Thus do both the chorale and ritornello frame a trio of rhythmically consistent recitatives. The chorale text is a plea to be dealt with by God as He wills and the recitative interpolations, while emphasising the importance of His inscrutability, nevertheless touch upon the misery on earth and the potential punishments of Hell. The theme of the cantata is that of the importance and dominance of His will and our need to obey it, whatever the fears and pains of death or the torments of a continuing mortal existence might be.
There are two principal musical ideas that form the ritornello material both of which dominate the movement. The first is the flowing oboe figure from the opening bar, repeated twice at higher pitches, very possibly symbolic of the higher will or purpose of the Lord. Bach was to use a similar technique at the beginning of the much later chorus of C 177 (vol 2, chapter 56) and in the same key, again raising the pitch from Gm to Bb major. The oboes are supported by a spiky quaver figure in the upper, thence the lower strings, a four-note version of which detaches itself and is of great significance in the development of the movement. It is possible that Bach means us to associate the oboe figure with the tremulous soul and the string motive with the immutable divine will; whatever functions were intended, both ideas are used regularly to support the choral and solo sections throughout the movement.
The ending is masterful. The ritornello returns (from bar 62) but Bach has not quite dispensed with the chorus. The last phrase of the chorale verse—-Lord, as You will—is exclaimed three times against the four-note string motive which has been heard throughout the movement.
The second movement is the only one of five in a major mode, a decision made partially for variety and balance within the cantata as a whole and justified, at least in part, by a text that calls for the implantation of a joyful spirit within the heart—-the sickness of my soul is such that joy and hope vacillate, leaving me afraid. It is a conventional da capo aria in which the first and third sections are devoted to the entreaty, the middle section picturing the sickness within. Oboe, tenor and continuo combine to create a balanced three-part texture throughout.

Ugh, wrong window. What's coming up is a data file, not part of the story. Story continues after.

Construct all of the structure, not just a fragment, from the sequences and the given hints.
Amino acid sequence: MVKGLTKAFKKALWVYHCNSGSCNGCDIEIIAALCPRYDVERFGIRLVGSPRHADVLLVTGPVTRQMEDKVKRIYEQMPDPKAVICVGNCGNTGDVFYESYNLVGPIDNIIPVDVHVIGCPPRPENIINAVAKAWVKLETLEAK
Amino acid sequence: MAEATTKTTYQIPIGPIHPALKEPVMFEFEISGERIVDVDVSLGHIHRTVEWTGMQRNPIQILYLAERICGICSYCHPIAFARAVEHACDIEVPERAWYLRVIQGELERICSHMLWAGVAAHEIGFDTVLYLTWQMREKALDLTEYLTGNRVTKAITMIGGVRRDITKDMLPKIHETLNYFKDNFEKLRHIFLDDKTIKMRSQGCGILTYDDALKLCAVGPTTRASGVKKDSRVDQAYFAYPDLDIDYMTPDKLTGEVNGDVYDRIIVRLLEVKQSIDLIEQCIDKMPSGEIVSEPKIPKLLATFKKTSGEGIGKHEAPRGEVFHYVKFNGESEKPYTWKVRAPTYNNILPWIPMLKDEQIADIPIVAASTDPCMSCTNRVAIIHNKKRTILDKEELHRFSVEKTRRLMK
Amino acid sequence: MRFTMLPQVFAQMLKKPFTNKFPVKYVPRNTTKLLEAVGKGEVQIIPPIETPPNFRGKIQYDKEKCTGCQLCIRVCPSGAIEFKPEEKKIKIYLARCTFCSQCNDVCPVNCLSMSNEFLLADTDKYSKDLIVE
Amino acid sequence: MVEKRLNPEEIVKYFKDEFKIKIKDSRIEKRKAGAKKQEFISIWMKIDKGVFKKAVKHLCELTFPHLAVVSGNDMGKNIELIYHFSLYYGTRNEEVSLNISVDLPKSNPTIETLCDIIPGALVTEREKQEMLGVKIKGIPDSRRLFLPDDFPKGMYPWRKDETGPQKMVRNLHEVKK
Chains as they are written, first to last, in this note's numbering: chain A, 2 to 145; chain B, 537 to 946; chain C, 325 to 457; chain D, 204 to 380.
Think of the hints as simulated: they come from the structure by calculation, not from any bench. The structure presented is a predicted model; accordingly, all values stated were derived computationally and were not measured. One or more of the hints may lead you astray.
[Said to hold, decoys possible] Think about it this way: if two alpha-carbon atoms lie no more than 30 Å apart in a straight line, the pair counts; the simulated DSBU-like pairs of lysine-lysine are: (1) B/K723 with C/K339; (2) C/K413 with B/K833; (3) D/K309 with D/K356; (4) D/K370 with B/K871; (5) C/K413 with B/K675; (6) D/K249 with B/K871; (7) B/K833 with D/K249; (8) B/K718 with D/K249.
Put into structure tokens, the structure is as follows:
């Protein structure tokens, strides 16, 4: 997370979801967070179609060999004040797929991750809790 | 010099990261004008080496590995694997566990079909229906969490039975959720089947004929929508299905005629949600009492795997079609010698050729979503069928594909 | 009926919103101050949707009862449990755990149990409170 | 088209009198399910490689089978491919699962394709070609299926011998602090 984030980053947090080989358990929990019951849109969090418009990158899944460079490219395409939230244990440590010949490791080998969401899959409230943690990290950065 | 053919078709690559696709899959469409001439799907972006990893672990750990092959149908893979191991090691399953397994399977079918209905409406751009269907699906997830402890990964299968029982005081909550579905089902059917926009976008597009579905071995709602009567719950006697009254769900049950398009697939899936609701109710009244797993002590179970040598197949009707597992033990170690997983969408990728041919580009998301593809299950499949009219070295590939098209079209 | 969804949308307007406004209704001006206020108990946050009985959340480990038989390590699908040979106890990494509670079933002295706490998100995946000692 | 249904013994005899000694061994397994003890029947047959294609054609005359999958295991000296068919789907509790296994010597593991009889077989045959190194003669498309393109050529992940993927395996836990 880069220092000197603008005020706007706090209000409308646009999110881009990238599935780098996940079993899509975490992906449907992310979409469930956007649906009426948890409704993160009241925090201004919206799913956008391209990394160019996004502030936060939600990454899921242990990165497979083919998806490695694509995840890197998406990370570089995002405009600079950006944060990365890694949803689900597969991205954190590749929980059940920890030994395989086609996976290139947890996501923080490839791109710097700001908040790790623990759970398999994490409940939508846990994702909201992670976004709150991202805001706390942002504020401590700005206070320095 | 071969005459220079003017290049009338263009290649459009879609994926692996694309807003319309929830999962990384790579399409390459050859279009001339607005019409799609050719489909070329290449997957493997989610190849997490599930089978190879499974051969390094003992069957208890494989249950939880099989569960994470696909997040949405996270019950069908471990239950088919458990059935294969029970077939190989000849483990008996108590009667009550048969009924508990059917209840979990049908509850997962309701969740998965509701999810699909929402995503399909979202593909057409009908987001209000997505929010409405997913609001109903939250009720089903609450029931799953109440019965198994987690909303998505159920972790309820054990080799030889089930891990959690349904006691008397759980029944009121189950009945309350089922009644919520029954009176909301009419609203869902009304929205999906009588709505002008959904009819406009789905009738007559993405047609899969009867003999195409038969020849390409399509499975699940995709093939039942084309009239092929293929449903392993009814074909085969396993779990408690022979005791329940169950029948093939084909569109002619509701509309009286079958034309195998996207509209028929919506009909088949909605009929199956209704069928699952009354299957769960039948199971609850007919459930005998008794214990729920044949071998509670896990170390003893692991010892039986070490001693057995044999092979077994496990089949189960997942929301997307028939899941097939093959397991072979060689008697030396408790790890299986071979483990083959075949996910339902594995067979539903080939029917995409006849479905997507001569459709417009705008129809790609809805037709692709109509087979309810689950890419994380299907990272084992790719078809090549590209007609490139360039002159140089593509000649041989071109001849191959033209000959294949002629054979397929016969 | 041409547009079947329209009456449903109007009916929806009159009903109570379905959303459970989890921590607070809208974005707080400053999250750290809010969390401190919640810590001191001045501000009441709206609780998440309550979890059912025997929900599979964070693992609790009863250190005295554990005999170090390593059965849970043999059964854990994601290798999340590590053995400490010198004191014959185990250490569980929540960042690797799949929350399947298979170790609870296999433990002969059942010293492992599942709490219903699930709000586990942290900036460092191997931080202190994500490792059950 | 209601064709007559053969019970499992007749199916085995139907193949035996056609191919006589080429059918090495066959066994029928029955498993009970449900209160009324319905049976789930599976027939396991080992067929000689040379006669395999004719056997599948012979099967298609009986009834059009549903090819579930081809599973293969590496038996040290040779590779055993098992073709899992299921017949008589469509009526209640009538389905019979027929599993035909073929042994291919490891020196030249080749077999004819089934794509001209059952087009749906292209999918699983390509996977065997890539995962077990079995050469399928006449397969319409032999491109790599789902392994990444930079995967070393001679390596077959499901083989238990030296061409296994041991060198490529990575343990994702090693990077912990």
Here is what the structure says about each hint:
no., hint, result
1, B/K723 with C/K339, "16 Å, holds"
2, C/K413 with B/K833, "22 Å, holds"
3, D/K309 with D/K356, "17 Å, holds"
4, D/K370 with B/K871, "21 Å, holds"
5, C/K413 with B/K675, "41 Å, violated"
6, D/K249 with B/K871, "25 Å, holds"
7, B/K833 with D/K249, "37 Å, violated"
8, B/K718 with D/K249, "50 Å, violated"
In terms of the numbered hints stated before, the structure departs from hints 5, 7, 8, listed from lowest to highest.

The ritornello theme is an odd one consisting of rolling semi-quavers punctuated by a ′stretching′ figure of two quavers. The first of these has a predominantly falling direction, later (from bar 9) to be reversed almost as if to suggest that the planted seed of joy has taken root and begun to grow.
From bar 9.
The quaver idea suggests a hiatus, a possible catching of the breath, appropriate to the text. Bach has done his best to make this movement as positive and cheerful as possible for reasons suggested above. But the image remains of planting joy within a heart that is morose and sick in spirit, and gentle reminders of human sadness are entirely commensurate with the text.
Despite the need for musical uplift Bach does his best to ensure that the image of the faltering human spirit is pictured in the middle section where it becomes more the central focus. The fears of the timorous soul are strikingly expressed in the convoluted melisma of bars 32-33, and those on—-Kranken and wanke—-emphasise the notions of suffering and vacillation that these words convey.
The short secco bass recitative leads directly into the following aria. It contrasts the natural human response to death with that of the Christian—-we are perverse, sometimes obstinate and at others even despairing and we wish not to think of death—-but the Christian, in God′s spirit, submits to the will of God and says—-. Both the incomplete sentence and the establishing of the key of the following aria indicate that the one follows immediately upon the other. The contrary nature of the human being is portrayed musically by the high, then low trajectory of the melodic line in bars 2-3 and the musically perverse moving of the bass line supporting it: a flat, a, a flat.